Exchange enrollment hits wall as insurers struggle to sign up middle class
Although insurers have successfully enrolled low-income individuals in health insurance exchanges throughout the country, they have struggled to sign up people earning higher incomes who may still be eligible for subsidies, according to a new analysis from Avalere Health.
Most of the 11.7 million people who have enrolled in an exchange plan have had incomes below the federal poverty level. In fact, 76 percent of individuals with incomes between 100 percent and 150 percent of the federal poverty level signed up on the exchanges, but just 16 percent of people earning up to 400 percent of the federal poverty level obtained health coverage through th exchanges.
"Exchanges will need to attract higher income consumers to ensure enrollment continues to grow over time," Caroline Pearson, senior vice president at Avalere, said in the analysis. "So far, tax credits do not appear to be enough to entice participation, so greater emphasis on individual mandate penalties may be needed to help increase enrollment among low- and middle-income individuals."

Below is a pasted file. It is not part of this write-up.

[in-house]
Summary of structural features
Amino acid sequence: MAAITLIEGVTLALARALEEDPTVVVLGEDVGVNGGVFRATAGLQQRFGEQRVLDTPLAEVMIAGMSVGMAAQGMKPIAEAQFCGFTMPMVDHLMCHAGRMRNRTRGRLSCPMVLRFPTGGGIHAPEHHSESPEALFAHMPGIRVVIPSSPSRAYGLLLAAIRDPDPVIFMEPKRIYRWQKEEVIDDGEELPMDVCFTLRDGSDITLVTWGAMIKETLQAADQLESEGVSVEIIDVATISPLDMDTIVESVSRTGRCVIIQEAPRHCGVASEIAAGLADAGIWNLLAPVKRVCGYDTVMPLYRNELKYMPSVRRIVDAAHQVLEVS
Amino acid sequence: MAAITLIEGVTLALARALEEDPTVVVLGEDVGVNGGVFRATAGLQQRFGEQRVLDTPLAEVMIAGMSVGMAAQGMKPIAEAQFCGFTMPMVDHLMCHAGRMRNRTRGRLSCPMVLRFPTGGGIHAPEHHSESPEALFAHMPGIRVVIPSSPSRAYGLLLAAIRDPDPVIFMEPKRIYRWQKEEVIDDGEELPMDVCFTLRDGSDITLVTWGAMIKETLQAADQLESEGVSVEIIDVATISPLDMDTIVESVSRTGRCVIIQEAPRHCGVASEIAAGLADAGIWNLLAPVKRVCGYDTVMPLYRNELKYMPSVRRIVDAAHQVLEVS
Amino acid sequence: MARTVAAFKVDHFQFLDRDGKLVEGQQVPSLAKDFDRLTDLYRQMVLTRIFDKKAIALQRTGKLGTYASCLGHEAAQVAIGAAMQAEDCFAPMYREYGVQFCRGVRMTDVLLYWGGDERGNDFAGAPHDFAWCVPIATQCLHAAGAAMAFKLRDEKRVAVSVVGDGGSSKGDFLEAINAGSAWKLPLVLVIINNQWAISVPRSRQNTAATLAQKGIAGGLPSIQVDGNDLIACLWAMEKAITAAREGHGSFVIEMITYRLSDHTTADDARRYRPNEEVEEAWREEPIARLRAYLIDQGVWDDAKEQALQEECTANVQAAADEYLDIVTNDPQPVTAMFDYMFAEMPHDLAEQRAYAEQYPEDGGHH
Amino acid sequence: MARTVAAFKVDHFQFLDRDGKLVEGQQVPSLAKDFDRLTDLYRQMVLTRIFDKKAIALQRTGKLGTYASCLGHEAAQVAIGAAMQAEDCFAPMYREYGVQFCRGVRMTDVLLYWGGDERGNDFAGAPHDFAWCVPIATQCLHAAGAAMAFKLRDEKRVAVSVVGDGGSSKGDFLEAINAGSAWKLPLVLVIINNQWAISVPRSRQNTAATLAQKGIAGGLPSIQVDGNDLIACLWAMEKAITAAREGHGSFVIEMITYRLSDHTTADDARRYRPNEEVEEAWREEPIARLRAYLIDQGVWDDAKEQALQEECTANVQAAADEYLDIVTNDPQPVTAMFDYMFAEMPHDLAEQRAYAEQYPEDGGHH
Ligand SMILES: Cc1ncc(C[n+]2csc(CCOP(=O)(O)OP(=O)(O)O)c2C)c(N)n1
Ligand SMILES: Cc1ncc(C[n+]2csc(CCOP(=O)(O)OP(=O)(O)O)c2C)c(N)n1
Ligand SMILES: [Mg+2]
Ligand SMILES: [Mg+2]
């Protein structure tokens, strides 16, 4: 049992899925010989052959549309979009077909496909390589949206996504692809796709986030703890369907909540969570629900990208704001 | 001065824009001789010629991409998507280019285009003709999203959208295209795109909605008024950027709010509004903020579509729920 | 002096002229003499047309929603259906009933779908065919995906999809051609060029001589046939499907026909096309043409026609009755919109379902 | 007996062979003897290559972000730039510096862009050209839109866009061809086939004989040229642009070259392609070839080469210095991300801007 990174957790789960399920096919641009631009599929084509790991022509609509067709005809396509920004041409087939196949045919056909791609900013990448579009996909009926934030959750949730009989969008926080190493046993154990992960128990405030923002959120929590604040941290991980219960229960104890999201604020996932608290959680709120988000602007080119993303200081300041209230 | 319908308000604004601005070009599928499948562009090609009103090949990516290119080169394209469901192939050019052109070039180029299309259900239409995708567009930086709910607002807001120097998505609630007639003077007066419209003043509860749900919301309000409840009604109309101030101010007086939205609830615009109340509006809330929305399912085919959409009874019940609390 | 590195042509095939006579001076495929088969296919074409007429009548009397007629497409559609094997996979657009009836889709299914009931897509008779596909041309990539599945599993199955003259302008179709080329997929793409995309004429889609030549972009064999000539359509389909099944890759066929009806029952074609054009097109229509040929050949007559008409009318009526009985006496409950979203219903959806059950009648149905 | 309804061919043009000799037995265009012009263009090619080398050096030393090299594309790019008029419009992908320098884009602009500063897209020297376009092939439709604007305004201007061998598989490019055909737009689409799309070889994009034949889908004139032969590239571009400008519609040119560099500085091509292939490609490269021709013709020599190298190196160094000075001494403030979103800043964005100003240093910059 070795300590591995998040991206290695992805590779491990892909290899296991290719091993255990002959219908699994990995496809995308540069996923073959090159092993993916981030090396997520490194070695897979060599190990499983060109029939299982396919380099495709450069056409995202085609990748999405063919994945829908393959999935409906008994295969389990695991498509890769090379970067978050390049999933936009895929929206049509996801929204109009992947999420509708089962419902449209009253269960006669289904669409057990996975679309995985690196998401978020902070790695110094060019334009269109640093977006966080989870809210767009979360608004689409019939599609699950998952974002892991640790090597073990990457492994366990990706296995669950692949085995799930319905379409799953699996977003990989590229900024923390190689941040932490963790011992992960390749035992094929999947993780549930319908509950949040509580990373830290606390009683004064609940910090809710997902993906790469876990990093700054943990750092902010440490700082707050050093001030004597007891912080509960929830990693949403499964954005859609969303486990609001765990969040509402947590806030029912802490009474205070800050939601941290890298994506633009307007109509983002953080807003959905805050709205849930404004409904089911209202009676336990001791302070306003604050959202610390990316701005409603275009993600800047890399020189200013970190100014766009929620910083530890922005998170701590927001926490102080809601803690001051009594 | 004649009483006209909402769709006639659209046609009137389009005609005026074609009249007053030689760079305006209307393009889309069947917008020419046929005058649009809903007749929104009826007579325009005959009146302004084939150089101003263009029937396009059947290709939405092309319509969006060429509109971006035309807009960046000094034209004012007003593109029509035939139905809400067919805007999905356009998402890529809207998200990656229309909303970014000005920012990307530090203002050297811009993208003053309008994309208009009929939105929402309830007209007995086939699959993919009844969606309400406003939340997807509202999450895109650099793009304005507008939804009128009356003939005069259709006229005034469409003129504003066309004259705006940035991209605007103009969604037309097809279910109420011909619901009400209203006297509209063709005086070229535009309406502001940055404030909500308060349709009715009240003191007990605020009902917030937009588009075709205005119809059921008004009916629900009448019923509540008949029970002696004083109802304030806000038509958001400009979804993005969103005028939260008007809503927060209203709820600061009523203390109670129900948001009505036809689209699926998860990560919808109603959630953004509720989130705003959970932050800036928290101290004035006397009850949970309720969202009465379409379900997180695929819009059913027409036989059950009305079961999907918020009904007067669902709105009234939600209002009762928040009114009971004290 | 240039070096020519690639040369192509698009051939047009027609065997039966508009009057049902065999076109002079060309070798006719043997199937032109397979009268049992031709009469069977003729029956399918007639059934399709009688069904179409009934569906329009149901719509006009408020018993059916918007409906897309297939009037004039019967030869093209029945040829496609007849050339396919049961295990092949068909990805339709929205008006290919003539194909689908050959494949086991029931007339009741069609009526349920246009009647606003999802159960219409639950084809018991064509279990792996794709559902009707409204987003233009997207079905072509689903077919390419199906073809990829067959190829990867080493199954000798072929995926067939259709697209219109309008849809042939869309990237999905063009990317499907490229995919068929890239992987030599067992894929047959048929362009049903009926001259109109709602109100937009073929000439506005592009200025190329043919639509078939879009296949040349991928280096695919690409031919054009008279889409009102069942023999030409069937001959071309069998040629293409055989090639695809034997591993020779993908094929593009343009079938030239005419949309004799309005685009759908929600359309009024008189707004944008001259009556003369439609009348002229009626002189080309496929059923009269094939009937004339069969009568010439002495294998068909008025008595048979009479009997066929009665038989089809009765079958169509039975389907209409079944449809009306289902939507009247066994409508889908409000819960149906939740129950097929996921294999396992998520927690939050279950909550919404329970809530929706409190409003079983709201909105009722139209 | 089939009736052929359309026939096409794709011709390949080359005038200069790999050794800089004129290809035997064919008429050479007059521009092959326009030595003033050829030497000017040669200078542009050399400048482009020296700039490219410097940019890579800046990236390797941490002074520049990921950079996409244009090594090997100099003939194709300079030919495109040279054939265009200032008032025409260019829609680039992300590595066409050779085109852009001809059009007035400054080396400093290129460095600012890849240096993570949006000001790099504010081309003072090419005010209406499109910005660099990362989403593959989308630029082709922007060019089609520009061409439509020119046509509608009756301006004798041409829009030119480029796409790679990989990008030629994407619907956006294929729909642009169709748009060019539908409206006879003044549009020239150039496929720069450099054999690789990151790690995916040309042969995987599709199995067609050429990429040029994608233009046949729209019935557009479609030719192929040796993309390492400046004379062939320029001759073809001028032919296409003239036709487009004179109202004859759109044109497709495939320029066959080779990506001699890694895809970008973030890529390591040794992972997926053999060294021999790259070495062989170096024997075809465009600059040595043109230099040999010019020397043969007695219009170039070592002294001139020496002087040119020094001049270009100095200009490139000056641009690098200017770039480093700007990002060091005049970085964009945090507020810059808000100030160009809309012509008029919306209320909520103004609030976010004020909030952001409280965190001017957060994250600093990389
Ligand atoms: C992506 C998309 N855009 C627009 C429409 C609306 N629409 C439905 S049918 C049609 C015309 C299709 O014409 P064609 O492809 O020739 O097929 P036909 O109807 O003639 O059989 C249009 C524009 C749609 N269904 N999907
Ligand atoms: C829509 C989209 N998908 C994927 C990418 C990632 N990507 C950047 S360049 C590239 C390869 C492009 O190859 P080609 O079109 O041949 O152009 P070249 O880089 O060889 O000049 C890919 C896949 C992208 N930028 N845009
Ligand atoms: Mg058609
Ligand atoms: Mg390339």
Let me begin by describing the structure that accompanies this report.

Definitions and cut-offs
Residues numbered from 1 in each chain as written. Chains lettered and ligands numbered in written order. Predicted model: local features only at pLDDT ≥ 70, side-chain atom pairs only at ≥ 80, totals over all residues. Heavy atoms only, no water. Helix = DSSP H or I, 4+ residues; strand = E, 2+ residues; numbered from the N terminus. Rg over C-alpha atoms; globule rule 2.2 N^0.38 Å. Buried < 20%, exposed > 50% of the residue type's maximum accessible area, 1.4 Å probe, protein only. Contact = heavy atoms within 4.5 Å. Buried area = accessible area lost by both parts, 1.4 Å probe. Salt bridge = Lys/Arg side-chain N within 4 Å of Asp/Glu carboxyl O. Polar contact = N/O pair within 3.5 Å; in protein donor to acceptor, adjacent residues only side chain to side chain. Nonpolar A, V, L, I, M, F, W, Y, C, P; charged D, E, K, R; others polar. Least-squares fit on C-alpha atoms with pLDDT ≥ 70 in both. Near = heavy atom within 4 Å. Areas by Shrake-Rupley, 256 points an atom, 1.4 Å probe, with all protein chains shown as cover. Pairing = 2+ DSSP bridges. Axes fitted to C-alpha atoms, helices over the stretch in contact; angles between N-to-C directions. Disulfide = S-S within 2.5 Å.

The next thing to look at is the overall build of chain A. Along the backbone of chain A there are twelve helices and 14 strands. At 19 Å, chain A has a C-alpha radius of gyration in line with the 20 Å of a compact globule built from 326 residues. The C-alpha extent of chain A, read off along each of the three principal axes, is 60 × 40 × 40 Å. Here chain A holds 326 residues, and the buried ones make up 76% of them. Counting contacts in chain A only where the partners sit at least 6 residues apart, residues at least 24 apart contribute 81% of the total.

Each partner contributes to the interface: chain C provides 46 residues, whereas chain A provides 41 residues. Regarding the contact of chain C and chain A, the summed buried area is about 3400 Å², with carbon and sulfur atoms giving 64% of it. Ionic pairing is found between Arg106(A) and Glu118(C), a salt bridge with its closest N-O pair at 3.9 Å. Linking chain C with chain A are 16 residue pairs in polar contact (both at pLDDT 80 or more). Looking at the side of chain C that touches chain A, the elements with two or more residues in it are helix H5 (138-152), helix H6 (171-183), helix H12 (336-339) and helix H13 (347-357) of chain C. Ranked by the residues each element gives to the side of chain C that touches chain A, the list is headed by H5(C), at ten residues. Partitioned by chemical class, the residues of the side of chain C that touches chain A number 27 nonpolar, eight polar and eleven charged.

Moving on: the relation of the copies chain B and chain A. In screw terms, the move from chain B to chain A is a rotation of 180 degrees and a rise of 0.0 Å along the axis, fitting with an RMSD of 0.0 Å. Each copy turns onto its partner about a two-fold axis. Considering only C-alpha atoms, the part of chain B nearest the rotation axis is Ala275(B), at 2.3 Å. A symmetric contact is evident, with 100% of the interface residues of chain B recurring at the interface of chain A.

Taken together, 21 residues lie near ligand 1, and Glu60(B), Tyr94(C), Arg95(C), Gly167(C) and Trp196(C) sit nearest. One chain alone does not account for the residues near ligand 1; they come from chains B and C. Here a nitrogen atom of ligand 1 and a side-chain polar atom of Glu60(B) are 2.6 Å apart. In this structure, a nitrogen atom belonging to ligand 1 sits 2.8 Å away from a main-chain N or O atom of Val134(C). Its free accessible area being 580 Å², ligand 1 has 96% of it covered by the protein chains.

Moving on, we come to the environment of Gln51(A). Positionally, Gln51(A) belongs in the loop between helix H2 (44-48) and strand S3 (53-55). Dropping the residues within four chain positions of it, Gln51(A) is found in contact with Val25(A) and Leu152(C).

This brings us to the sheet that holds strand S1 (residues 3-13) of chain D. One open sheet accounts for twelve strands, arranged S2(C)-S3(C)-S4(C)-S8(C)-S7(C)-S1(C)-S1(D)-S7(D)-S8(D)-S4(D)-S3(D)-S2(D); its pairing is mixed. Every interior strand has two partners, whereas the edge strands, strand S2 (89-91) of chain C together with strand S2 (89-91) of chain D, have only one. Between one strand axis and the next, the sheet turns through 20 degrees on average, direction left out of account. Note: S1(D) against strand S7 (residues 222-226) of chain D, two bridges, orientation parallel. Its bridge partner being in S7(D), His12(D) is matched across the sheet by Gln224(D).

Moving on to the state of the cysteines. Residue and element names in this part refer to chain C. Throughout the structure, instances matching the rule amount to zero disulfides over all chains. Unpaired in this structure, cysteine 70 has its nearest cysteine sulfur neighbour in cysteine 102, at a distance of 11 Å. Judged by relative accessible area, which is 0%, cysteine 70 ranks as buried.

Meanwhile, experts are concerned that exchange enrollment is about to stall or even decrease in states where it used to be strong, reported the New York Times.
"I think the concern about running out of momentum is legitimate," Jon Kingsdale, the former executive director of the Massachusetts exchange and now a director at the Wakely Consulting Group, told the Times.
California, for example, enrolled the most consumers in 2014 but only increased sign ups by one percentage point this year despite a huge outreach and education campaign. Plus, New York improved its exchange enrollment by only two percentage points.
"It may just become harder and harder as you look at the remaining uninsured population," James Scullary, a spokesman for Covered California, told the Times. That's because the consumers who obtained coverage during the first year of exchange enrollment were more motivated and easier to sign up than the uninsured population that remains.
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